Chiropractic manipulation of the cervical spine is a known cause of craniocervical arterial dissections. In this paper, the authors describe the patterns of arterial injury after chiropractic manipulation and their management in the modern endovascular era.
A prospectively maintained endovascular database was reviewed to identify patients presenting with craniocervical arterial dissections after chiropractic manipulation. Factors assessed included time to symptomatic presentation, location of the injured arterial segment, neurological symptoms, endovascular treatment, surgical treatment, clinical outcome, and radiographic follow-up.
Thirteen patients (8 women and 5 men, mean age 44 years, range 30–73 years) presented with neurological deficits, head and neck pain, or both, typically within hours or days of chiropractic manipulation. Arterial dissections were identified along the entire course of the vertebral artery, including the origin through the V4 segment. Three patients had vertebral artery dissections that continued rostrally to involve the basilar artery. Two patients had dissections of the internal carotid artery (ICA): 1 involved the cervical ICA and 1 involved the petrocavernous ICA. Stenting was performed in 5 cases, and thrombolysis of the basilar artery was performed in 1 case. Three patients underwent emergency cerebellar decompression because of impending herniation. Six patients were treated with medication alone, including either anticoagulation or antiplatelet therapy. Clinical follow-up was obtained in all patients (mean 19 months). Three patients had permanent neurological deficits, and 1 died of a massive cerebellar stroke. The remaining 9 patients recovered completely. Of the 12 patients who survived, radiographic follow-up was obtained in all but 1 of the most recently treated patients (mean 12 months). All stents were widely patent at follow-up.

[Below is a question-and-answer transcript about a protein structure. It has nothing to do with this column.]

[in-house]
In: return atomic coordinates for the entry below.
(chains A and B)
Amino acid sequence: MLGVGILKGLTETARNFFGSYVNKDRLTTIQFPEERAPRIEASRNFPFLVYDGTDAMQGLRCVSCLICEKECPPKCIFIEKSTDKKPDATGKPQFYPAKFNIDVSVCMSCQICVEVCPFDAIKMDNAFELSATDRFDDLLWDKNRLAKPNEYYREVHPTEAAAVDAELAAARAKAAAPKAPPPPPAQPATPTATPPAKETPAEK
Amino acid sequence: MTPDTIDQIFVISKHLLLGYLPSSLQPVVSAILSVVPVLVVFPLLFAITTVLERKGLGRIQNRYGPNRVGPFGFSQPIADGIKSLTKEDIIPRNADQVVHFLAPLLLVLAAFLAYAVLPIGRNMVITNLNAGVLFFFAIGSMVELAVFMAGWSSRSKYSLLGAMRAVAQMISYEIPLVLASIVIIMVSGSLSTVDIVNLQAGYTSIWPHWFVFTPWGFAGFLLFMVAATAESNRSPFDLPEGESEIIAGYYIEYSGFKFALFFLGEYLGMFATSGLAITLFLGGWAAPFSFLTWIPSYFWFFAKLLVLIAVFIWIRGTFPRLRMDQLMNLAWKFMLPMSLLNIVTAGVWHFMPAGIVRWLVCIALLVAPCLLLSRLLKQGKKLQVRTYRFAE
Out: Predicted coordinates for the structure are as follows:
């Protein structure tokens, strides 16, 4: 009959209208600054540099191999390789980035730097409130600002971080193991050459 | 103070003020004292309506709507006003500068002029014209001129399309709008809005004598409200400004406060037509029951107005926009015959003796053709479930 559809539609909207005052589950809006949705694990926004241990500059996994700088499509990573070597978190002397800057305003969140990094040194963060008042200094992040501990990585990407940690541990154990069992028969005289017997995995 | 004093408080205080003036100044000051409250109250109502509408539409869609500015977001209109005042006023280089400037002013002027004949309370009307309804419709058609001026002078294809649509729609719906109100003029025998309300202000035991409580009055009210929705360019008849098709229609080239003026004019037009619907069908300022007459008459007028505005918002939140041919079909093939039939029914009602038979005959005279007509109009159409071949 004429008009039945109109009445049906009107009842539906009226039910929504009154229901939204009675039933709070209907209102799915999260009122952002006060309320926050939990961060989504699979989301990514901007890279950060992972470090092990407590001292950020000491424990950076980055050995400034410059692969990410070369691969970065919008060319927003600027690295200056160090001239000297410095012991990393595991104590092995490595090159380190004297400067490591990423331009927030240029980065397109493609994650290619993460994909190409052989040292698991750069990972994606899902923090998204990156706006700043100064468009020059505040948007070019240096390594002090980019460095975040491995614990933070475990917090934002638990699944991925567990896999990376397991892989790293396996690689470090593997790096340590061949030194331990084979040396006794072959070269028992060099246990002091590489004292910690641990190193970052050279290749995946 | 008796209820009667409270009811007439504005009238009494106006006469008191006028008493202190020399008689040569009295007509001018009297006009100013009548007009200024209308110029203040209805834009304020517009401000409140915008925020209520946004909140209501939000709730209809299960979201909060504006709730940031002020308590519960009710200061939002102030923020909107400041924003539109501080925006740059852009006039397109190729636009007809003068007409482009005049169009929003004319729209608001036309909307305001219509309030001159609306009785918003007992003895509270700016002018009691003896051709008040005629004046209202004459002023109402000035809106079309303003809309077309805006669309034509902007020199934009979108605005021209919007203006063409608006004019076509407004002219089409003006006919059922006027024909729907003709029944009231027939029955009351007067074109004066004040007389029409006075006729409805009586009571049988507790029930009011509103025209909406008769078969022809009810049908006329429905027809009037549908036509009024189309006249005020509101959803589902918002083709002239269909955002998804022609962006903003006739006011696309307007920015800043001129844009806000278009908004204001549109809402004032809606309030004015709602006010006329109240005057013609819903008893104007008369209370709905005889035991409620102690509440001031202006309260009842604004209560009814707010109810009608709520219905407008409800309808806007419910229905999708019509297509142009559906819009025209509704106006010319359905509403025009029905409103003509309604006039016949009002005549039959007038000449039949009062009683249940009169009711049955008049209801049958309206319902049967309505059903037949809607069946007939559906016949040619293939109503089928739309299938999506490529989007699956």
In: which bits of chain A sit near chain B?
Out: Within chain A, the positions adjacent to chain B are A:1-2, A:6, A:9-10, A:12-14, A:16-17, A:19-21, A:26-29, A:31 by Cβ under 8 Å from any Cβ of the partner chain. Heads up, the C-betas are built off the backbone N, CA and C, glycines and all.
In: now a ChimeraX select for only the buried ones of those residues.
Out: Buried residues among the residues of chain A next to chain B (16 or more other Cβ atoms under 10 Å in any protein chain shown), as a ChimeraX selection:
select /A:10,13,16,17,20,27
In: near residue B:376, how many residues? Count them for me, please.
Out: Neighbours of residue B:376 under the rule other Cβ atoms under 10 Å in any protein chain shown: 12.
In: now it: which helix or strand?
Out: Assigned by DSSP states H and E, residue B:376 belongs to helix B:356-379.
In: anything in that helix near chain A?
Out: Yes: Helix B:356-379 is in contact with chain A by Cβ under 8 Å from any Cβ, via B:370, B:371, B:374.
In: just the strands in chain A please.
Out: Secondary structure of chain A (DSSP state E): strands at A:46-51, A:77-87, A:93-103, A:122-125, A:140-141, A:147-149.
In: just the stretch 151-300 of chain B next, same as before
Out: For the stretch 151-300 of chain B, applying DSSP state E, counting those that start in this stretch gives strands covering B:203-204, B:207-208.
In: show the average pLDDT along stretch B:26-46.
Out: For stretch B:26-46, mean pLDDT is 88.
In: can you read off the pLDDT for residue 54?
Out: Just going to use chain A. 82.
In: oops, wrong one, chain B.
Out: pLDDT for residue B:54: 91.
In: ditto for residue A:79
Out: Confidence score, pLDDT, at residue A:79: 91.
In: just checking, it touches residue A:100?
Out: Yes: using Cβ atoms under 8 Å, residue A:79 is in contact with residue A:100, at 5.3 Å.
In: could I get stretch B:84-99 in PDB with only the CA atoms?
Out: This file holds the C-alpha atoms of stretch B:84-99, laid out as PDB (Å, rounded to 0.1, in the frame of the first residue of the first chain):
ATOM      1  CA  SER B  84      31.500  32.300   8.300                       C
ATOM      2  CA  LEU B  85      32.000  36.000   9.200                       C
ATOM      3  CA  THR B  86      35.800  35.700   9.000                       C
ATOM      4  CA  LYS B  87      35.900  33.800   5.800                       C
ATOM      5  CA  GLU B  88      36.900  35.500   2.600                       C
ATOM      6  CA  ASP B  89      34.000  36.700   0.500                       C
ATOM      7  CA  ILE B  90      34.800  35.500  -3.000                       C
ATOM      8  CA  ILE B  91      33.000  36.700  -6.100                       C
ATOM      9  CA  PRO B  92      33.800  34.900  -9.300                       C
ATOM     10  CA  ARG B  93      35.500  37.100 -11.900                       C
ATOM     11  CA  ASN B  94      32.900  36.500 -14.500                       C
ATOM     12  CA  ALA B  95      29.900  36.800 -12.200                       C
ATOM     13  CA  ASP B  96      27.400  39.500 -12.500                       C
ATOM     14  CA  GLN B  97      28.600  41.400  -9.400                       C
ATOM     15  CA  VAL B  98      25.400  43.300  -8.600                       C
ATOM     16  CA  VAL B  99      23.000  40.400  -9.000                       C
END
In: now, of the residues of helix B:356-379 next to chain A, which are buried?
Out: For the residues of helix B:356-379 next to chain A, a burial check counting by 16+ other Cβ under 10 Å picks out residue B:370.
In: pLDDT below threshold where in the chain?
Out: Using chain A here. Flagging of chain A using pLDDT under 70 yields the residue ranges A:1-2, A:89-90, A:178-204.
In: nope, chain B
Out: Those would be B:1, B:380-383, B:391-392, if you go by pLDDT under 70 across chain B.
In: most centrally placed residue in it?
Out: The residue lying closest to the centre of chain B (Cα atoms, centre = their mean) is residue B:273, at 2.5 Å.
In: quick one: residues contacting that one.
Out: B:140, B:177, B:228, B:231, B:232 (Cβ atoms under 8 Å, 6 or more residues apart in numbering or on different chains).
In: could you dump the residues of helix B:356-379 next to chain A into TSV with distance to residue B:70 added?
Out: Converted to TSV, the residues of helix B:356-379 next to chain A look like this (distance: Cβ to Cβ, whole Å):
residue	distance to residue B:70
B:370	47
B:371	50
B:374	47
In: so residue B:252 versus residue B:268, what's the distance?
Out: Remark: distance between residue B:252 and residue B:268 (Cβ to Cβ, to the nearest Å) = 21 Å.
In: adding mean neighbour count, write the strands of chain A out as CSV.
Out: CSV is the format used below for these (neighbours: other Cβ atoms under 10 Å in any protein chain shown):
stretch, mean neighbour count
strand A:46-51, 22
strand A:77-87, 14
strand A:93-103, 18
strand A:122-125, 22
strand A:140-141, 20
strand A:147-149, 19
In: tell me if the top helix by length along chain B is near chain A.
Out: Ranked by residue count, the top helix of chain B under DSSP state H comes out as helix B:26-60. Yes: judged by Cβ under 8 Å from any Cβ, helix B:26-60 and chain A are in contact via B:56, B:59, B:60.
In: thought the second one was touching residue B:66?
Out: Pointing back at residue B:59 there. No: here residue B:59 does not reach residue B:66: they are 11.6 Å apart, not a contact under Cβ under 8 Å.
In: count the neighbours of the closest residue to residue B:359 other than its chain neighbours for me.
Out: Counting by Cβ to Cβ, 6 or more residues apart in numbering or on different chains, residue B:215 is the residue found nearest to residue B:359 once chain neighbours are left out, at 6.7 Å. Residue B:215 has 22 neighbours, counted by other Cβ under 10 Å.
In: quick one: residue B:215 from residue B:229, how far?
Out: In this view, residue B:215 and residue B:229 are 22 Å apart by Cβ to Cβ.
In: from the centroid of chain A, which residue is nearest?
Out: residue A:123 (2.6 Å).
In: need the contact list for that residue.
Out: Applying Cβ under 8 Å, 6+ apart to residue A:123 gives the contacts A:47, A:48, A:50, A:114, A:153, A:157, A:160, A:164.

Chiropractic manipulation of the cervical spine can produce dissections involving the cervical and cranial segments of the vertebral and carotid arteries. These injuries can be severe, requiring endovascular stenting and cranial surgery. In this patient series, a significant percentage (31%, 4/13) of patients were left permanently disabled or died as a result of their arterial injuries.
Abbreviations used in this paper: BA = basilar artery; ICA = internal carotid artery; PICA = posterior inferior cerebellar artery; VA = vertebral artery.
Current affiliation for Dr. Dashti: Norton Neuroscience Center, Norton Healthcare, Louisville, Kentucky.
Address correspondence to: Felipe C. Albuquerque, M.D., c/o Neuroscience Publications, Barrow Neurological Institute, St. Joseph's Hospital and Medical Center, 350 West Thomas Road, Phoenix, Arizona 85013. email: firstname.lastname@example.org.
Please include this information when citing this paper: published online September 16, 2011; DOI: 10.3171/2011.8.JNS111212.
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